Webb v. Olive Garden Italian Restaurants/Darden Restaurants et al

Filing 66

ORDER GRANTING DEFENDANT OLIVE GARDEN ITALIAN RESTAURANT'S MOTION TO DISMISS THE SECOND AMENDED COMPLAINT WITH LEAVE TO AMEND by Judge Patricia V. Trumbull granting 43 Motion to Dismiss; finding as moot 65 Motion for Telephonic Appearance. (pvtlc2, COURT STAFF) (Filed on 9/2/2009)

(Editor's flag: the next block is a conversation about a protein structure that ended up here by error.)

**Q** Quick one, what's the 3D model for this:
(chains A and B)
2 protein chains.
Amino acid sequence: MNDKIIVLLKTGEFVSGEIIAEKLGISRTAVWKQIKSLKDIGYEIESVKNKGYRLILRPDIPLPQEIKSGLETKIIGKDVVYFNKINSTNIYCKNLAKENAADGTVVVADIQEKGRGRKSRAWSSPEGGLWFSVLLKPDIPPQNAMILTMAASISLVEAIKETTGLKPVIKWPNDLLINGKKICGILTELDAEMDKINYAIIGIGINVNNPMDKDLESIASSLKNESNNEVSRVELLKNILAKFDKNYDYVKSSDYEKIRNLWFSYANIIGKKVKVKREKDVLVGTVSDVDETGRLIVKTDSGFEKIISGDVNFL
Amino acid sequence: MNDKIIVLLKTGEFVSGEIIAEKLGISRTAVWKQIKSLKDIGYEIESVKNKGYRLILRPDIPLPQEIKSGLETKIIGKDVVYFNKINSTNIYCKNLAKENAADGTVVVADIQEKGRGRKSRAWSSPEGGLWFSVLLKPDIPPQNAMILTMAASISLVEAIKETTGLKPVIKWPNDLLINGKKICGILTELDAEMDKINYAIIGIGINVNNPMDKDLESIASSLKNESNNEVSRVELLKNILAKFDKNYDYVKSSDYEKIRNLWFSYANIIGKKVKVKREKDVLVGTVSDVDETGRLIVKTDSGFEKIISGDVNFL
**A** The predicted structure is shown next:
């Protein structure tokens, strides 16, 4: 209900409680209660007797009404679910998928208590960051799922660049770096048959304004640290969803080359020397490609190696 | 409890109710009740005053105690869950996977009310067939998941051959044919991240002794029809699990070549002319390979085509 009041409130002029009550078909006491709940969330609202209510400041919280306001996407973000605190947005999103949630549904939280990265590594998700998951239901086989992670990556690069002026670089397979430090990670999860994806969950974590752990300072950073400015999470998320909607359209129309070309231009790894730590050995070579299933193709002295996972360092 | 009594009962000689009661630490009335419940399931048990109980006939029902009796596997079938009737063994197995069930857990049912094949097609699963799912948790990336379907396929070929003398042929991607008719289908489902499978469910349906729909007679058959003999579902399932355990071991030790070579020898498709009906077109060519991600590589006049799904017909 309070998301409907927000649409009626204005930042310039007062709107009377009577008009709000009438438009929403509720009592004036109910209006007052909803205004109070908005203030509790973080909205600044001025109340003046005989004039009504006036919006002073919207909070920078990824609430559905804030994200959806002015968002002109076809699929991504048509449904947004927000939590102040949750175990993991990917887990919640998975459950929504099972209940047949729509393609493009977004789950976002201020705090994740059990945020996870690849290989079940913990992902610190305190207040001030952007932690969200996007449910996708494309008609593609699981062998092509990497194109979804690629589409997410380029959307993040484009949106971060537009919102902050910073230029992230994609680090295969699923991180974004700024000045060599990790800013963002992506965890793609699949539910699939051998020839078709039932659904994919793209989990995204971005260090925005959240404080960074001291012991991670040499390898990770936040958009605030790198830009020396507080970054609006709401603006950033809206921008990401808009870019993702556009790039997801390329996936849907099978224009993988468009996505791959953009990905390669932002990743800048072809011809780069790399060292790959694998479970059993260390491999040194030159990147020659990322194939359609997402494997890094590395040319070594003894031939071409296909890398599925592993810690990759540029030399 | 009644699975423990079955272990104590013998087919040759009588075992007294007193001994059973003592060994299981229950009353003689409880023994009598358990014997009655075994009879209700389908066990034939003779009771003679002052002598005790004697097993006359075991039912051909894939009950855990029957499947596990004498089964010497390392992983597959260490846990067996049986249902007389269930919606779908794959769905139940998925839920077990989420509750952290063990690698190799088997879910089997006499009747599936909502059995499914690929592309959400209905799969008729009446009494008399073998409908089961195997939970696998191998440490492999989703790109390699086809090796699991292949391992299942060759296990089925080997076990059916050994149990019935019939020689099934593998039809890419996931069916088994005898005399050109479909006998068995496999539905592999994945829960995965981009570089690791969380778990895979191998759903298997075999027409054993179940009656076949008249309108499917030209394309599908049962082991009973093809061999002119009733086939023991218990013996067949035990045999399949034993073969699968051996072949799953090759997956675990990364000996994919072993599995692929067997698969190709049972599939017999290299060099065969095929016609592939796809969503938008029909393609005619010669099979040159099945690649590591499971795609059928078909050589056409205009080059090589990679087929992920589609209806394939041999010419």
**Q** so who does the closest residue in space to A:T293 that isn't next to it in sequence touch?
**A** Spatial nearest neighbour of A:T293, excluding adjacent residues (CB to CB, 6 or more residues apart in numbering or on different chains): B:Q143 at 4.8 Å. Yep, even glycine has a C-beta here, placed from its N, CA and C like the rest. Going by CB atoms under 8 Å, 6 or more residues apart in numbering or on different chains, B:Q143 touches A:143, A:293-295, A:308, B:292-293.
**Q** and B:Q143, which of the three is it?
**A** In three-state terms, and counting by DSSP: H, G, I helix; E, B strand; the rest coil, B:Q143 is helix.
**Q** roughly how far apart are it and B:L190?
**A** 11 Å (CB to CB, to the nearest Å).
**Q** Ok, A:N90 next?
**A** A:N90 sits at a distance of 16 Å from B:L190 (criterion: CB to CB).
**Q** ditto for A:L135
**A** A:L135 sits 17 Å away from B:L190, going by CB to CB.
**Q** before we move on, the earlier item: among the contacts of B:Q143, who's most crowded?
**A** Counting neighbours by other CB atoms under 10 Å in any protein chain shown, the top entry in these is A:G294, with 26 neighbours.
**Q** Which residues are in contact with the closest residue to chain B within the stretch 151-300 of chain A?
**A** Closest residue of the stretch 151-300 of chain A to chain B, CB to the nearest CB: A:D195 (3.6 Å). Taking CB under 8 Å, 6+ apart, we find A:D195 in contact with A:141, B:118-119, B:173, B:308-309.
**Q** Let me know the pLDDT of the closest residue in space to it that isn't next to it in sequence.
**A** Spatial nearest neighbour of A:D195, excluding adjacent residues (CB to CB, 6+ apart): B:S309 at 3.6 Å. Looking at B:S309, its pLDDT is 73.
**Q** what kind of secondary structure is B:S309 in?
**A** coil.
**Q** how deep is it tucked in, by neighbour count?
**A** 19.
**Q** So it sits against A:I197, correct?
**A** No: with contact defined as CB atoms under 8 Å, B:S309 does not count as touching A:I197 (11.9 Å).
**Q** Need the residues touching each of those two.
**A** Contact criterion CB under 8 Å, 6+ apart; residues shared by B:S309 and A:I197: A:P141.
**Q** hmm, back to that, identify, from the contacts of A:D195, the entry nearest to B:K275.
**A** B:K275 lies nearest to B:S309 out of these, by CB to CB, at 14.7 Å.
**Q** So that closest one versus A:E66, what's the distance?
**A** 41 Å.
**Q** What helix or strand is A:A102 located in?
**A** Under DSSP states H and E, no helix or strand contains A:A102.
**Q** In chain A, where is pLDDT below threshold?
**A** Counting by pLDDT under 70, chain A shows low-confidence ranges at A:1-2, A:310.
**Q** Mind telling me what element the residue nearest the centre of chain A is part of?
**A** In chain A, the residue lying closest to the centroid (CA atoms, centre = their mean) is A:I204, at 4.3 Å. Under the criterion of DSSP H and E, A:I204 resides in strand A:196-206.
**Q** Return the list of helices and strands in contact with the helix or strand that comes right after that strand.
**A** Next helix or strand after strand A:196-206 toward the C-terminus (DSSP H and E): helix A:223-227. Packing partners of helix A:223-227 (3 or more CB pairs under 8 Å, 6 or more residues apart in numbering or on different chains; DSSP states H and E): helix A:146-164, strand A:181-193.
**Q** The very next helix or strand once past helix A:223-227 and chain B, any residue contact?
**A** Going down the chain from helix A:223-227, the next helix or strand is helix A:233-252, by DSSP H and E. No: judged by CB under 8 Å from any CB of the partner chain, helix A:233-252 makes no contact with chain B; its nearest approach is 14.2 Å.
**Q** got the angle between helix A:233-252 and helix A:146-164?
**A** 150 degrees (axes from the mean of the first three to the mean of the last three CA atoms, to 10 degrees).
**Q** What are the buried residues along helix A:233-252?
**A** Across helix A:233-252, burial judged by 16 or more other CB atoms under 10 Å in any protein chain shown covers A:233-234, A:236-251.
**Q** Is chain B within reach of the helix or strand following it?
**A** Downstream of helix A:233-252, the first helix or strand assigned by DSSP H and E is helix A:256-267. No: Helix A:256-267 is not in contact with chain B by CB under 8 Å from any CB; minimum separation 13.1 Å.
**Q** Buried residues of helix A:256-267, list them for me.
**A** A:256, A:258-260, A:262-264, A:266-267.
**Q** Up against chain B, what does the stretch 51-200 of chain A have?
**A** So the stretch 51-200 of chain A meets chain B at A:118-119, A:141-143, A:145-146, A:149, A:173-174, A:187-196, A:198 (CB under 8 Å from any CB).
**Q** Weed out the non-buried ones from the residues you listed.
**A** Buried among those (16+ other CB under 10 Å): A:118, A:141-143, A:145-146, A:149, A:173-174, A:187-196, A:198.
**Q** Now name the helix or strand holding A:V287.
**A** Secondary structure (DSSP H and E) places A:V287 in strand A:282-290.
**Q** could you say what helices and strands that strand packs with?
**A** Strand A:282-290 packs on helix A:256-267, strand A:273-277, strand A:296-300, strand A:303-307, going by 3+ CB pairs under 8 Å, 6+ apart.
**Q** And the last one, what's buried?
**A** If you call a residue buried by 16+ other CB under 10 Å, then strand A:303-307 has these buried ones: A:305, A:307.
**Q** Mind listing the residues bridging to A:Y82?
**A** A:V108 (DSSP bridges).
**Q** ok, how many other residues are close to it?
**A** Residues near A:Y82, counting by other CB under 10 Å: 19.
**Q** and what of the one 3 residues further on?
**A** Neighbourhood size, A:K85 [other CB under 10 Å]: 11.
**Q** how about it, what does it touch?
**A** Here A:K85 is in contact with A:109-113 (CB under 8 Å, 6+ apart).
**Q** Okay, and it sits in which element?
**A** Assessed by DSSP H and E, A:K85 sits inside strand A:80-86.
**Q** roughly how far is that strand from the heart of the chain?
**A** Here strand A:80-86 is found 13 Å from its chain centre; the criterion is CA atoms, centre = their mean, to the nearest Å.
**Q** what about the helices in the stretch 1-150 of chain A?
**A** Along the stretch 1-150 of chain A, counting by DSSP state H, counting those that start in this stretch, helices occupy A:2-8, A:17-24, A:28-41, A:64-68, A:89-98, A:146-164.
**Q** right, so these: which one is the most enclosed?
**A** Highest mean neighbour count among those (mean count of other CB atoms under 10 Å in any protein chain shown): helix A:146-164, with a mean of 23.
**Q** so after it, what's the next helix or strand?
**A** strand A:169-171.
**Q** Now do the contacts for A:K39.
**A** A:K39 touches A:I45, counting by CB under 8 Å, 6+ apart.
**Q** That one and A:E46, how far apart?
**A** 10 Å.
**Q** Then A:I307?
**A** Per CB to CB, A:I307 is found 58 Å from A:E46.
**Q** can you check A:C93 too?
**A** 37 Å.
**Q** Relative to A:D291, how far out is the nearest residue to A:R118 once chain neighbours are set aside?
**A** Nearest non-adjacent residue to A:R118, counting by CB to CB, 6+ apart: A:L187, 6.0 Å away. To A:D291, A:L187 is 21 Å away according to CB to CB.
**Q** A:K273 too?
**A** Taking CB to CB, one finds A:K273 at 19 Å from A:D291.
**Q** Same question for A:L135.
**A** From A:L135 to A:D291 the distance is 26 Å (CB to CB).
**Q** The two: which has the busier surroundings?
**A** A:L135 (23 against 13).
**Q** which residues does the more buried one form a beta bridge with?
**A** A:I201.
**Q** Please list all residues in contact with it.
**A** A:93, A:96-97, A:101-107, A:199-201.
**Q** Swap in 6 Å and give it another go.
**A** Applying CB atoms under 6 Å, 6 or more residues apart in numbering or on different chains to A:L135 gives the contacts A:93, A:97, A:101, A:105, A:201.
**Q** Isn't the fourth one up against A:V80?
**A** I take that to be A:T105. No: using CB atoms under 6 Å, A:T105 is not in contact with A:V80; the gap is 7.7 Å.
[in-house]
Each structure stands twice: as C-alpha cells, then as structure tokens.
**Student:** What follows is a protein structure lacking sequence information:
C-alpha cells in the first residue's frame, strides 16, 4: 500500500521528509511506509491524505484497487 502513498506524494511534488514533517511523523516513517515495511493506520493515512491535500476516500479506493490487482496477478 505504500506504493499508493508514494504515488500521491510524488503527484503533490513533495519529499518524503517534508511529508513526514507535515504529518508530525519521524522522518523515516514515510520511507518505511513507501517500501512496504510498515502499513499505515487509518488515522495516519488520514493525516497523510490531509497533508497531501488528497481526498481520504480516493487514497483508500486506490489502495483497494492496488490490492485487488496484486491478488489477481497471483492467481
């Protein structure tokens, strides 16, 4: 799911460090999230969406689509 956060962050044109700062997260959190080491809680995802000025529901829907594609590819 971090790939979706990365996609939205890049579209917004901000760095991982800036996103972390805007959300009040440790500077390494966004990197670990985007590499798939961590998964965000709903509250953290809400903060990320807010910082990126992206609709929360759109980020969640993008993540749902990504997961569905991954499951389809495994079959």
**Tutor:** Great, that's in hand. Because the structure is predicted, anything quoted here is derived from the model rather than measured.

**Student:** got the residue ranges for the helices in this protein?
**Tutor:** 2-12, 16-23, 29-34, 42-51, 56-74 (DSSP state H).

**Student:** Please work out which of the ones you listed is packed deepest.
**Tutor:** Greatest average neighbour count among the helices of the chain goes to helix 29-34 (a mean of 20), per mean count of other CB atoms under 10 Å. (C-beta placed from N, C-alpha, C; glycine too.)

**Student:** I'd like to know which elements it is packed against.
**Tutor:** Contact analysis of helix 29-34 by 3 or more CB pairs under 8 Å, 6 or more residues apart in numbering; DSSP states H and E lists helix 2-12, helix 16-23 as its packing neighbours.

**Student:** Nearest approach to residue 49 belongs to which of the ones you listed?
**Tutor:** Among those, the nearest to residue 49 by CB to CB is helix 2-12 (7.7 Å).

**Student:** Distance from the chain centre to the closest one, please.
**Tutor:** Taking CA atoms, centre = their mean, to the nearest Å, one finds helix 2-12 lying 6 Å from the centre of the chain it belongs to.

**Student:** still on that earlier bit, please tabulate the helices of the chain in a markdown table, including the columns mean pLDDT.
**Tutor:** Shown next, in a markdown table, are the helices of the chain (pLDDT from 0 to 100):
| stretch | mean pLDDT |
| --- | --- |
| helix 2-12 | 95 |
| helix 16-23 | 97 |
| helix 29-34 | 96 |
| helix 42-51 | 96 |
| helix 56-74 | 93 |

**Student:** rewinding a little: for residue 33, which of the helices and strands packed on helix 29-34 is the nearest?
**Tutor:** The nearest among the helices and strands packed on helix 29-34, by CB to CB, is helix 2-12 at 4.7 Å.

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1 2 3 4 5 6 7 8 9 10 11 12 13 14 15 16 17 18 19 20 21 22 23 24 25 26 27 28 The holding of this court is limited to the facts and the particular circumstances underlying the present motion. ORDER, page 1 1 UNITED STATES DISTRICT COURT NORTHERN DISTRICT OF CALIFORNIA SAN JOSE DIVISION DAVID WEBB, ) ) Plaintiff, ) ) v. ) ) OLIVE GARDEN ITALIAN ) RESTAURANTS, ET AL., ) ) Defendants. ) __________________________________ ) Case No. C 08-04913 PVT ORDER GRANTING DEFENDANT OLIVE GARDEN ITALIAN RESTAURANT'S MOTION TO DISMISS THE SECOND AMENDED COMPLAINT WITH LEAVE TO AMEND [Docket No. 43] INTRODUCTION Defendant Olive Garden Italian Restaurant/Darden Restaurants moves to dismiss the second amended complaint. ("Olive Garden"). Plaintiff David Webb proceeding pro se opposes the motion. Pursuant to Civ. L.R. 7-1(b), the motion was taken under submission. Having reviewed the papers and considered the arguments of counsel and plaintiff, defendant Olive Garden's motion to dismiss the second amended complaint is dismissed with leave to amend.1 1 2 3 4 5 6 7 8 9 10 11 12 13 14 15 16 17 18 19 20 21 22 23 24 25 26 27 28 BACKGROUND On July 2, 2008, plaintiff Webb dined with two female companions at the Olive Garden Restaurant located in Palo Alto, CA. During the course of the meal, he alleges that he befriended an on-duty floor supervisor named Emili. Plaintiff Webb later escorted his two female companions to their respective cars and returned to the restaurant to speak further with Emili. Based on their conversation which lasted approximately 10 minutes, plaintiff Webb believed that Emili was receptive to his romantic overtures and that he could return to speak with her again. Specifically, plaintiff Webb alleges that: "Emili sincerely told me that she had a boyfriend but that we could continue communicating and for the immediate future, I could come by the restaurant to see and talk with her from time to time. I left with the clear understanding that we would engage in mutual conversation until Emili felt more comfortable to exchange contact information." On July 3, 2008, plaintiff Webb returned to the restaurant in an effort to resume contact with Emili. However, the restaurant was temporarily closed because the sewage system was not working properly and at least eight patrons were milling outside in the parking lot. In the parking lot, plaintiff Webb informed a young male restaurant employee that he wanted to extend an invitation to Emili. The young male restaurant employee went inside the restaurant and plaintiff Webb waited outside for her. Instead of meeting with Emili however, a restaurant sales manager named Jacob Palpallatoc approached plaintiff Webb with a repeated pushing motion of his hands. Mr. Palpallotoc stated to plaintiff Webb that he was not welcome at the restaurant because of his efforts "to solicit the intimate affections of Emili." Plaintiff Webb alleges that Mr. Palpallotoc had a "menacing look in his eyes" and stood in a "combative posture." In response to Mr. Palpallotoc's statements, plaintiff Webb identified himself and again stated that he merely wanted to invite Emili to a professional event. Mr. Palpallotoc stated that Emili wanted nothing from plaintiff Webb and that she had told him "a lot of shit of how you are interested in fucking her" and he was not going to let that happen. Plaintiff Webb objected to the public statements made by Mr. Palpallatoc as the restaurant patrons watched. He felt that the restaurant patrons viewed him as a troublemaker, or worse, a criminal. Indeed, several of the restaurant patrons ORDER, page 2 1 2 3 4 5 6 7 8 9 10 11 12 13 14 15 16 17 18 19 20 21 22 23 24 25 26 27 28 scurried to their cars and others backed away from him. Mr. Palpallotoc continued to approach plaintiff Webb and came within two feet of his comfort zone, which caused him to take two steps backwards. At that point, another person that plaintiff Webb describes as a large pacific islander, and bearing a badge, emerged from the restaurant. That person approached Mr. Palpallotoc and plaintiff Webb and pounded his closed fist into his other open hand. Mr. Palpallotoc informed plaintiff Webb that that person was his back up. Plaintiff Webb objected to the treatment by both Mr. Palpallatoc and the person plaintiff Webb describes as a large pacific islander. Plaintiff Webb alleges that the person he describes as a large pacific islander continued his threatening and ominous behavior throughout the course of his ten minute conversation with Mr. Palpallotoc. Plaintiff Webb then noticed a woman with "stern eyes" observing the exchange between himself, Mr, Palpallotoc and the large pacific islander. Plaintiff Webb asked Mr. Palpallatoc and the large pacific islander each to provide him with their business cards. Only Mr. Palpallotoc acceded to the request. The large pacific islander remained in close proximity to where plaintiff Webb stood and began to approach him in "quick step." Plaintiff Webb asked Mr. Palpallotoc to stop his colleague from continuing his threatening behavior. Thereafter, the same woman standing nearby instructed both Mr. Palpallotoc and the large pacific islander to go inside the restaurant. She stated, " . . . [I am the] General Manager of the restaurant and knew I had to step in at that moment before things got anymore out of hand because I am responsible for their actions . . . ." The woman identified herself to plaintiff Webb as Lisa Chorello. Defendant Chorello told plaintiff Webb that she would talk to Mr. Palpallotoc and the large pacific islander about their behavior. Plaintiff Webb informed her that he would write the owners of the restaurant about the incident. She then provided her name to plaintiff Webb by writing it on the back of Mr. Palpallotoc's business card. Pursuant to the order granting defendant Olive Garden's motion to dismiss with leave to amend dated March 19, 2009, plaintiff Webb filed a second amended complaint alleging claims of assault, defamation, intentional infliction of emotional distress and negligent supervision. ("March 19, 2009 Order"). Plaintiff Webb alleges jurisdiction pursuant to 28 U.S.C. 1331 and 1332. He seeks damages in excess of $1 million. ORDER, page 3 1 2 3 4 5 6 7 8 9 10 11 12 13 14 15 16 17 18 19 20 21 22 23 24 25 26 27 28 LEGAL STANDARD A complaint may be dismissed for failure to state a claim upon which relief can be granted. Fed. R. Civ. P. 12(b)(6). The dismissal may be based on either the lack of a cognizable legal theory or the absence of sufficient facts under a cognizable legal theory. Balistreri v. Pacifica Police Dept., 901 F.2d 696, 699 (9th Cir. 1990) and Robertson v. Dean Witter Reynolds, Inc., 749 F.2d 530, 533-534 (9th Cir. 1984). For purposes of evaluating a motion to dismiss, the allegations in a complaint are taken as true and construed in the light most favorable to the nonmoving party. Parks School of Business, Inc. v. Symington, 51 F.3d 1480, 1484 (9th Cir. 1995). "A complaint should not be dismissed unless a plaintiff could prove no set of facts in support of his claim that would entitle him to relief." Id. Generally, a motion to dismiss for failure to state a claim is viewed with disfavor and rarely granted. Gilligan v. Jamco Develop. Corp., 108 F.3d 246, 249 (9th Cir. 1997). However, mere conclusions couched in factual allegations are not sufficient to state a cause of action. Papasan v. Allain, 478 U.S. 265, 286 (1986). See also, McGlinchy v. Shell Chem Co., 845 F.2d 802, 810 (9th Cir, 1988). The complaint must aver "[f]actual allegations [] enough to raise a right to relief above the speculative level." Bell Atlantic Corp. v. Twombly, 500 U.S. -, 127 S.Ct. 1955, 167 L.Ed.2d 929 (2007) (abrogating Conley v. Gibson, 355 U.S. 41 (1957)). "A claim has facial plausibility when the pleaded factual content allows the court to draw the reasonable inference that the defendant is liable for the misconduct alleged." John D. Ashcroft, et al. v. Javaid Iqbal, ___ U.S. ___, 129 S.Ct. 1937, 1941, 173 L.Ed.2d 868 (2009). "[D]etermining whether a complaint states a plausible claim is context-specific, requiring the reviewing court to draw on its experience and common sense." Id. "[L]eave [to amend] shall be freely given when justice so requires." Fed. R. Civ. P. 15(a). Additionally, a federal court may liberally construe the "inartful pleading" of parties appearing pro se. Hughes v. Rowe, 449 U.S. 5, 9, 101 S.Ct. 173, 176 (1980). DISCUSSION In the second amended complaint, plaintiff Webb alleges the following claims: (1) assault; (2) defamation; (3) intentional infliction of emotional distress; and (4) negligent ORDER, page 4 1 2 3 4 5 6 7 8 9 10 11 12 13 14 15 16 17 18 19 20 21 22 23 24 25 26 27 28 supervision. Defendant Olive Garden moves to dismiss all of the claims alleged in the second amended complaint and further moves to strike the prayer for punitive damages. Each of these alleged claims are considered in turn. I. Assault "Generally speaking, an assault is a demonstration of an unlawful intent by one person to inflict immediate injury on the person of another then present." Lowery v. Standard Oil Co. of California, 63 Cal. App. 2d 1, 6-7 (1944). See also, Medora v. City & County of San Francisco, 2007 WL 2522319 *5 (N.D. Cal.)); and De La Cerra Frances v. De Anda, 224 Fed. Appx. 637, 639 (9th Cir. 2007). The tort of assault is complete when the anticipation of harm occurs. Kiseskey v. Carpenters' Trust for Southern California, 144 Cal. App. 3d 222, 232 (1983). "A civil action for assault is based on an invasion of the right of a person to live without being put in fear of personal harm." Lowery v. Standard Oil Co. of California, 63 Cal. App. 2d at 7. Here, plaintiff Webb alleges that Mr. Palpallotoc approached him with a pushing motion of his hands and came within two feet of his comfort zone which caused plaintiff to take two steps backwards in an effort to avoid any contact with him. Plaintiff Webb alleges that he took two steps backwards because Mr. Palpallotoc came within two feet of his comfort zone. He further alleges that Mr. Palpallotoc had a "menacing look in his eyes" and stood in a combative stance. He does not allege that he anticipated harm or that he was in fear of immediate injury. Indeed, moments thereafter, plaintiff Webb requests that Mr. Palpallotoc provide him with his business card. The act of using a pushing motion with hands as alleged, in and of itself, fails to demonstrate an intent by Mr. Palpallotoc to inflict immediate injury. Plaintiff Webb also alleges that the person he describes as a large pacific islander committed an assault against him. Specifically, he alleges that the large pacific islander approached him and repeatedly pounded his clenched fist into an open hand as he approached him and stood nearby during his conversation with Mr. Palpallotoc. Again, the facts as alleged, in and of itself, do not demonstrate an intent by the large pacific islander to inflict immediate injury. Accordingly, both assault claims are dismissed with leave to amend. ORDER, page 5 1 2 3 4 5 6 7 8 9 10 11 12 13 14 15 16 17 18 19 20 21 22 23 24 25 26 27 28 II. Defamation A claim of defamation requires the following elements: (1) publication that is; (2) false; (3) defamatory: (4) unprivileged; and that (5) has a natural tendency to injure or that causes special damage. Taus v. Loftus, 40 Cal. 4th 683, 720 (2007). "A communication is defamatory if it `tends to harm the reputation of another as to lower him in the estimation of the community or to deter third persons from associating or dealing with him.'" Greenfield v. America West Airlines, Inc., et al., 2004 WL 2600135 *5 (N.D. Cal.)(internal citations omitted). "Under principles of respondeat superior, an employee may be held liable for a defamatory statement made by its employee." Id. In the second amended complaint, plaintiff Webb alleges that the following statements were made to him in the Olive Garden parking lot when at least eight restaurant patrons watched nearby: (1) you are not welcome here for any reason due to your efforts to solicit the intimate affections of Emili; and (2) "Emili had told him a lot of shit of how you are interested in fucking her" and Mr. Palpallotoc was not going to let that happen. Plaintiff Webb alleges that as the statements were made to him, several of the restaurant patrons hurried to their cars and others backed away from him. He further alleges that the statements defamed his character. While the statements may have proved embarrassing to plaintiff Webb, he has not alleged that any of the statements are false. Rather, in the first statement, Mr. Palpallotoc merely expresses an opinion, and in the second statement, he relays to plaintiff Webb only what Emili had told him. Accordingly, the claim for defamation is dismissed with leave to amend. III. Intentional Infliction of Emotional Distress To establish a claim for intentional infliction of emotional distress, a plaintiff must allege (1) outrageous conduct by the defendant; (2) intention to cause or reckless disregard of the probability of causing emotional distress; (3) severe emotional suffering; and (4) actual and proximate causation of the emotional distress. Peter E. Kiseskey, et al. v. Carpenters' Trust for Southern Ca., et al., 144 Cal. App.3d 222, 229 (1983). "The Restatement view is that liability `does not extend to mere insults, indignities,, threats, annoyances, petty oppressions, or other trivialities . . . There is no occasion for the law to intervene . . . where someone's feelings are ORDER, page 6 1 2 3 4 5 6 7 8 9 10 11 12 13 14 15 16 17 18 19 20 21 22 23 24 25 26 27 28 hurt." Id. at 230. Plaintiff has not pled severe emotional suffering. Rather, plaintiff makes only conclusory statements, such as "[t]his incident was so emotionally distressing that Plaintiff sought the assistance of Lynne Johnson, Chief of Police with the Palo Alto Police Department by writing my initial correspondence on 20 Oct 2008 [attached as Exhibit], Police Chief reply on 04 November 2008 [attached as Exhibit], and Plaintiff finally correspondence on 10 Nov 2008 [attached as Exhibit]." Plaintiff fails to specify the nature and extent of the emotional suffering he endured. Accordingly, the claim for intentional infliction of emotional distress is dismissed with leave to amend. IV. Negligent Supervision To establish a cause of action for negligent supervision, plaintiff must allege: (1) the existence of a legal duty of employer to employee to use due care; (2) how the defendant breached that duty; (3) how any breach proximately caused plaintiff's damages; and (4) damages.2 Greenfield v. America West Airlines, Inc., 2004 WL 2600135 *6 (N.D. Cal.). See also, Costello v. FedEx Kinko's Office and Print Services, Inc., 2008 WL 4822570 *3 (C.D. Cal.) ("a plaintiff must allege all of the general elements of negligence, including establishing that the employer's breach of the duty to use care `was the proximate or legal cause of the resulting injury.")(internal citations omitted). Plaintiff refers to defendant Darden Restaurant's Code of Business Conduct and Ethics to establish the element of duty. It states in pertinent part as follows: Darden's core purpose is to nourish and delight everyone we serve, as supported by our core values of integrity and fairness, respect and caring, diversity, always learning - always teaching, being `of service,' teamwork and excellence. The Company expects each employee to reflect these core values and exercise the highest levels of integrity, ethics and objectivity in actions and relationships which may affect the Company . . . . When there is doubt as to whether an action is appropriate, or whether it will cause embarrassment to the Company or its reputation, it should be avoided. Plaintiff alleges that the duty was breached when the restaurant manager Lisa Chorello Plaintiff Webb refers to a claim for negligent misconduct. Because he is proceeding pro se, the court presumes that in the context of how the claim is pled that plaintiff Webb seeks to allege a claim for negligent supervision. ORDER, page 7 2 1 2 3 4 5 6 7 8 9 10 11 12 13 14 15 16 17 18 19 20 21 22 23 24 25 26 27 28 failed to intervene before the restaurant employees, Mr. Palpallotoc and the employee described as a large pacific islander, caused him emotional distress. In addition, he alleges that Mr. Palpallotoc failed to prevent the large pacific islander from acting in a threatening manner toward him. Even assuming that plaintiff Webb has established a legal duty and defendant Olive Garden's breach of that duty, he has not alleged causation. Indeed, plaintiff merely demands $400,000 in damages. He does not allege how the breach proximately caused his damages. Accordingly, the claim for negligent supervision is dismissed with leave to amend. IV. Punitive Damages As before, plaintiff has not alleged that defendant Olive Garden had advance knowledge of the unfitness of any of its employees, that defendant Olive Garden consciously disregarded the rights and safety of others, that defendant Olive Garden ratified any wrongful conduct or was personally guilty of oppression, fraud or malice. Viewing the facts in the light most favorable to plaintiff Webb, he has not established that any defendants exhibited malice, oppression or fraud. Accordingly, defendant Olive Garden's motion to strike the prayer for punitive damages is granted without leave to amend. CONCLUSION Based on the foregoing, defendant Olive Garden Italian Restaurant's motion to dismiss the second amended complaint is dismissed with leave to amend. Plaintiff Webb shall file an amended complaint no later than September 30, 2009. The case management conference is continued to November 17, 2009 at 2PM. Plaintiff Webb's motion to appear telephonically at the case management conference is denied as moot. IT IS SO ORDERED. Dated: September 2, 2009 ____________________________ PATRICIA V. TRUMBULL United States Magistrate Judge ORDER, page 8 1 2 3 4 5 6 7 8 9 10 11 12 13 14 15 16 17 18 19 20 21 22 23 24 25 26 27 28 A copy of the order was mailed on September 2, 2009 to the following: David Webb PO Box 312 Clearfield, Utah 84089 ORDER, page 9